Forgotten Russian heroes of the Great War

There was a time when everyone in the Russian Empire knew about such heroic deeds. Today, however, many of the names of these great warriors have been forgotten.

Cossack Kozma Kryuchkov

Of all the heroic Russian soldiers and sailors in the First World War, Cossack Kozma Kryuchkov is the most legendary.

In August 1914, a group of four Cossack riders, including Kryuchkov, stumbled upon a German cavalry unit consisting of 27 men. Unafraid of an unequal fight, the Cossacks crushed the enemy, killing 24 men and forcing the rest to retreat.

Kryuchkov dared to face the group of Germans alone, killing 11 men, but himself suffering 16 spear wounds. Everyone heard about his heroic deed, including the enemy. Henceforth, German and Austrian soldiers were ordered to shoot all Cossacks instead of taking them captive.

Cossack Philip Pridannikov

Another Cossack, Philip Pridannikov, earned immortality early in the war when the Russian army successfully defeated the Austrians in Galicia. In the thick of battle the Cossack’s horse was killed under him and its weight crushed his leg.

Surrounded by the enemy, Pridannikov bravely fought back with a spear and managed to kill three Austrians. Drawing his weapon once more, he killed another three. Later, he fell unconscious, but was saved by his men and taken to the hospital where his reward awaited him.

Sailor Peter Semenischev

When the Russian fleet was removing Austrian mines from the Vistula River in the winter of 1915, one broke loose and floated downstream, threatening to destroy other ships and even a bridge in its path. 

Without hesitation, the sailor Peter Semenischev dived into the icy water and dragged the mine to shore despite the risk of being blown to pieces at any moment. His comrades on land grabbed it and destroyed it. 

The sailor’s bravery, however, did not stop there. Later, he fought eight Austrian officers and killed two of them, forcing the rest to retreat. He received seven wounds with a bayonet and took two blows to the head, but still managed to survive.

Pilot Peter Nesterov

Captain Peter Nesterov is said to be the first Russian pilot, as well as the first person in the world to carry out the complicated, acrobatic maneuver known as loop-the-loop.

Nesterov was also the first pilot brave enough to carry out an aerial ramming attack in combat. On August 26, 1914 an Austrian plane flew over a Russian airfield in Galicia planning to bomb it.

Nesterov reacted immediately, took off in his lightweight monoplane and headed towards the Austrian plane. The Russian pilot was not on a suicide mission, but was planning to fly over the enemy aircraft and destroy it with his plane’s landing gear. However, the blow struck the center of the Austrian plane, killing both Nesterov and the enemy.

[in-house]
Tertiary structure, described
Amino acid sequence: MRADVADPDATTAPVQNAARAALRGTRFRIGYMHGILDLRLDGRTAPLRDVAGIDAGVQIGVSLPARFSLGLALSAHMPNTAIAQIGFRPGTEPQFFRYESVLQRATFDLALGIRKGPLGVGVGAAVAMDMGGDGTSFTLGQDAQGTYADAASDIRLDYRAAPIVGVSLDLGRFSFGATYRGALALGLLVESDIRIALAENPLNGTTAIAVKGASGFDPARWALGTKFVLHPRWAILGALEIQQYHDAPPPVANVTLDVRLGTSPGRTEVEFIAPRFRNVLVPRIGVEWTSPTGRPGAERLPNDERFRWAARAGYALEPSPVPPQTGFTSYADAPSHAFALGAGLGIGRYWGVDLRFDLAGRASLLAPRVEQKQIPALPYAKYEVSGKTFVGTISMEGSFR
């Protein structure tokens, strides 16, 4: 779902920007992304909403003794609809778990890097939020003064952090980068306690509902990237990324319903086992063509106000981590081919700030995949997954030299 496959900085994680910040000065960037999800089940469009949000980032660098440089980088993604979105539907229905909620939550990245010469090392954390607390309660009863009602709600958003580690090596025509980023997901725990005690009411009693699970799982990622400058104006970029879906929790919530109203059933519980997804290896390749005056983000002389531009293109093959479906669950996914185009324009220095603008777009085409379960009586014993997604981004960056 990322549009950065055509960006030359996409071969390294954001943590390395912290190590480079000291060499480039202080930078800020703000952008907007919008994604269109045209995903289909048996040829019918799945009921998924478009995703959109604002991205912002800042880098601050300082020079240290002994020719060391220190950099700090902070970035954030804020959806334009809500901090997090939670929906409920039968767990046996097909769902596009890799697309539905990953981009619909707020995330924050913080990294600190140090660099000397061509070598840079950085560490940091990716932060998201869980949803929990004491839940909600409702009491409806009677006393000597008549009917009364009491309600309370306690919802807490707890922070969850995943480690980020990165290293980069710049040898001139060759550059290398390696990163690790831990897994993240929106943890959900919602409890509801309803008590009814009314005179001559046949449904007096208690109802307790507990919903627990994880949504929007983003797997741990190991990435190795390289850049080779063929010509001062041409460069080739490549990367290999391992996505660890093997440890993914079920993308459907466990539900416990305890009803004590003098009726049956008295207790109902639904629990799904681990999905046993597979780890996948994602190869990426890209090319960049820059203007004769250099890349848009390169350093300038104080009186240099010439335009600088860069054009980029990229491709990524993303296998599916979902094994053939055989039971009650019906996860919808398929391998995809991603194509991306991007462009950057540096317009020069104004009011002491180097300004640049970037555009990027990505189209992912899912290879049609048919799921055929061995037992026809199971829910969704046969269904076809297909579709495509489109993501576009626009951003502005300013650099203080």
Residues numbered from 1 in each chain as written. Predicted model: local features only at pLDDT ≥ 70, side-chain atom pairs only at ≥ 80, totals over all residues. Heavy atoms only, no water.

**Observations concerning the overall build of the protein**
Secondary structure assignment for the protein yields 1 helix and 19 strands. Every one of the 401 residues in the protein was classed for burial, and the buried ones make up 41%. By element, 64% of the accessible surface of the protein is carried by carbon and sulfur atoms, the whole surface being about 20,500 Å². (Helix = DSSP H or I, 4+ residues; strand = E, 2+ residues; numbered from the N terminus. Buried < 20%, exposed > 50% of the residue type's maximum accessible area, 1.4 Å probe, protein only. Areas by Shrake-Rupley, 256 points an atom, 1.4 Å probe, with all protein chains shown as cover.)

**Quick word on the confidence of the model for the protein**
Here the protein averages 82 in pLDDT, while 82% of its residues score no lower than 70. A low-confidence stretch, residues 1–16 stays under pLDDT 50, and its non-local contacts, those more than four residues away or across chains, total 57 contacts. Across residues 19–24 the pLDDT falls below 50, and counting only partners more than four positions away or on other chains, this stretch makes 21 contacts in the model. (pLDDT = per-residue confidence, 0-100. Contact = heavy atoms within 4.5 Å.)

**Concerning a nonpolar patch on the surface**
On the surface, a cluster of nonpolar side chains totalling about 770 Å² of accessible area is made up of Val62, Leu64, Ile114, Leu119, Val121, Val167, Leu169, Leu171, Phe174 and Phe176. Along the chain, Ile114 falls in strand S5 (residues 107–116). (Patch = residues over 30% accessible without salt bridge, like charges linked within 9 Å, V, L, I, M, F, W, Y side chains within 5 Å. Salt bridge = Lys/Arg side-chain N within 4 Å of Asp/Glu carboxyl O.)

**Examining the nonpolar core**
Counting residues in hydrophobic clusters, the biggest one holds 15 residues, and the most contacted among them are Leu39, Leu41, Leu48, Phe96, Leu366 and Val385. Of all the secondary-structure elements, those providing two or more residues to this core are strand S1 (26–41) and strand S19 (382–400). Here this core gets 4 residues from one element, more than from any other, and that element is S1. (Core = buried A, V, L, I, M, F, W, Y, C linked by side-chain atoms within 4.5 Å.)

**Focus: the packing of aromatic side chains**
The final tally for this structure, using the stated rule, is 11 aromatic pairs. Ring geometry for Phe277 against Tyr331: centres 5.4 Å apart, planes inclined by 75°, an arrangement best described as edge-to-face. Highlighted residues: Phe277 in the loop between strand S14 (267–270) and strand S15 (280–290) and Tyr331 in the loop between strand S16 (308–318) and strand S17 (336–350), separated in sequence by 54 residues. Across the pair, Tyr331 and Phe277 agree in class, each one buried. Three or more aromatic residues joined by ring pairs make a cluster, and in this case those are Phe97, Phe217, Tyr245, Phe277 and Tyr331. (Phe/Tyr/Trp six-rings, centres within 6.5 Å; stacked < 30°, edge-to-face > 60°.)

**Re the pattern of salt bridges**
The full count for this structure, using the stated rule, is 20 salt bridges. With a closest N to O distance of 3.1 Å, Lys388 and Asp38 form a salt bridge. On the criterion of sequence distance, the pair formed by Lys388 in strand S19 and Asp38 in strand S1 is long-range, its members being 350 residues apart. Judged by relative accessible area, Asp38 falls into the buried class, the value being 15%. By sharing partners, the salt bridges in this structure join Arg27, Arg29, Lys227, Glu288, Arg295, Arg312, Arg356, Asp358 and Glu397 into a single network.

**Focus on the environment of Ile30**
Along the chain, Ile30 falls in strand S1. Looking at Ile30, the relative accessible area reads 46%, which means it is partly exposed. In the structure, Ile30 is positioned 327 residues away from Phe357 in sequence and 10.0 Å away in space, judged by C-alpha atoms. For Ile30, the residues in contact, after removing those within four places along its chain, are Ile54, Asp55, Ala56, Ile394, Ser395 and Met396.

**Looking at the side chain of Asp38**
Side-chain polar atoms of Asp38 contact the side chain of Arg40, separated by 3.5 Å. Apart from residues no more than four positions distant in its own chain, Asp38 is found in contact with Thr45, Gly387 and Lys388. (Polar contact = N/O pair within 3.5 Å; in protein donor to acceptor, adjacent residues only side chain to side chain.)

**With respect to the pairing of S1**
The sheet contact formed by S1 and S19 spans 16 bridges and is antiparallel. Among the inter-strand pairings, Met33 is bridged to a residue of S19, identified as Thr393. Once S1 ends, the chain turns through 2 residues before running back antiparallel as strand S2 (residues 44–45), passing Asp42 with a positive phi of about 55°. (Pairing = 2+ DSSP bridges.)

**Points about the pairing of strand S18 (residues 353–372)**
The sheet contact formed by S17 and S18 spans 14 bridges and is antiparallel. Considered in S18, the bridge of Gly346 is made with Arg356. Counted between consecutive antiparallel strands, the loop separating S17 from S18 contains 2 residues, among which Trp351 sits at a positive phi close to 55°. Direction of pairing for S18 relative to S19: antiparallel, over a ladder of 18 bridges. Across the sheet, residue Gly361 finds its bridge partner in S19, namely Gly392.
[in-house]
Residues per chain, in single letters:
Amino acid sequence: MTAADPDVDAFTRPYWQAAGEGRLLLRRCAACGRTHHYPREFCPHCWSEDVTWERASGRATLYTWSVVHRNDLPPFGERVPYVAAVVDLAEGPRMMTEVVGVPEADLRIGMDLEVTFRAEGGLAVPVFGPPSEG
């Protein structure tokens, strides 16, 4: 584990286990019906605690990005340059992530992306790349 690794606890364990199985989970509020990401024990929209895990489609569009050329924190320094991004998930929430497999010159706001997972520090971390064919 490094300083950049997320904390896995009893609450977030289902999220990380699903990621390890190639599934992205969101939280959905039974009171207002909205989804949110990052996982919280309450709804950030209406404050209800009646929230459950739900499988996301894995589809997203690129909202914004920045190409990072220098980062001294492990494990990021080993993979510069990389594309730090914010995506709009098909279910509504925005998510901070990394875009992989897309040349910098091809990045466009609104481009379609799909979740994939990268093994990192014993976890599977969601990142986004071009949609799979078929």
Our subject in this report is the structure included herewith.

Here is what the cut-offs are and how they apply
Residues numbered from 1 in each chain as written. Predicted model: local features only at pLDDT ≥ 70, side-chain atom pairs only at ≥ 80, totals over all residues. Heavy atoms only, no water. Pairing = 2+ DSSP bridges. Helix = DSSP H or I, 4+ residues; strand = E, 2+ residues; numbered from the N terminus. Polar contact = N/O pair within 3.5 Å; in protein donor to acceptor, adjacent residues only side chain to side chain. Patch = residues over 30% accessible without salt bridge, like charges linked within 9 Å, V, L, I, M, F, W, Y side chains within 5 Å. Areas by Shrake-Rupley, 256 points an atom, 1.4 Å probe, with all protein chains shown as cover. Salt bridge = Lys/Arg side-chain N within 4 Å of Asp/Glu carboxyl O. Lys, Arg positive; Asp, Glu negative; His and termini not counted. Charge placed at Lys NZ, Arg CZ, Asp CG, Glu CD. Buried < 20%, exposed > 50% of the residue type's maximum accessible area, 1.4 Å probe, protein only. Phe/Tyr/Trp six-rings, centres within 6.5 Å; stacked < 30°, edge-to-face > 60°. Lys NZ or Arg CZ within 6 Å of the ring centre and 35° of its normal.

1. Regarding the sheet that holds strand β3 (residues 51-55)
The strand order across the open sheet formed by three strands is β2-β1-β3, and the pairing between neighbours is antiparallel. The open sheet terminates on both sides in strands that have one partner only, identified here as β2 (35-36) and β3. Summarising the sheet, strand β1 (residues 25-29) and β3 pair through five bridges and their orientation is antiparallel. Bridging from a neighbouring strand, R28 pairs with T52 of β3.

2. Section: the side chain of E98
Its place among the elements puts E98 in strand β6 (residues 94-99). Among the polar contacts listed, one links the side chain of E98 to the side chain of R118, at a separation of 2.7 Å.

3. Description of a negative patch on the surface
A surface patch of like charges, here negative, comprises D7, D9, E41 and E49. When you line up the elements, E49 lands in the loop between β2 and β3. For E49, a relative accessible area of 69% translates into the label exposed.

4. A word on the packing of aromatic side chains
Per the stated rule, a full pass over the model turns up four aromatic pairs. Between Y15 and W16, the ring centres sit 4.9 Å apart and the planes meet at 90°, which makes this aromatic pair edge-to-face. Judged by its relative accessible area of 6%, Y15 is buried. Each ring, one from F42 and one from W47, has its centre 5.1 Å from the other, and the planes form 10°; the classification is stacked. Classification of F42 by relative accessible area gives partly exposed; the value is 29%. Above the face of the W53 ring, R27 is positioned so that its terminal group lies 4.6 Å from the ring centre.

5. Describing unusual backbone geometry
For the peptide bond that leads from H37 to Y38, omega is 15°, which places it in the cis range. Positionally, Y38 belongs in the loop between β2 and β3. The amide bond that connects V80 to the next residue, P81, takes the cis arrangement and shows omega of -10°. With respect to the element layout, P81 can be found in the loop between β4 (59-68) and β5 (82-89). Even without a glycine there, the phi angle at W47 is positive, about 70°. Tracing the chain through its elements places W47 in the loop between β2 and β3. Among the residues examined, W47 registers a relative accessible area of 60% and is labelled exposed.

Pilot Alexander Kazakov

While Peter Nesterov died during his aerial ramming attack, Alexander Kazakov became the first pilot to survive an equally risky maneuver. In 1915, he attacked a German plane called “the Albatros,” and successfully landed his own plane. 

Kazakov also became the most successful Russian fighter pilot in the First World War. His victories include shooting down 19 enemy planes.

During the Russian Civil War, Kazakov passionately fought the Red Army. In August 1919, unable to accept the withdrawal of British troops from Murmansk, he committed suicide by crashing his plane on land.

Cossack Lavin

While patrolling the Lublin neighborhood alone, Cossack Lavin stumbled upon a group of Austrians. Instead of shooting, he snuck up on the enemy, screamed loudly and pointed to the woods. The Austrians, who believed they were surrounded in an ambush, dropped their weapons and surrendered. Lavin escorted the enemy into the Russian camp alone. One Cossack single-handedly captured 19 Austrians, three of whom were officers.

Nurse Rimma Ivanova

It wasn’t only men who were heroic on the battlefield during the Great War. In fact, one nurse managed to save 600 injured officers and soldiers from the battlefield, and also act as a real commanding officer.

In 1915, during a battle near the village of Dobroslavka in Belarus, nurse Rimma Ivanova noticed that two officers from her squadron had been killed and the soldiers were starting to retreat.

Ivanova gathered the remaining troops around her and led the attack. Even though the soldiers managed to take enemy ground, Rimma died from a fatal injury.

Here you can see how Russian soldiers lived in the trenches during the First World War.

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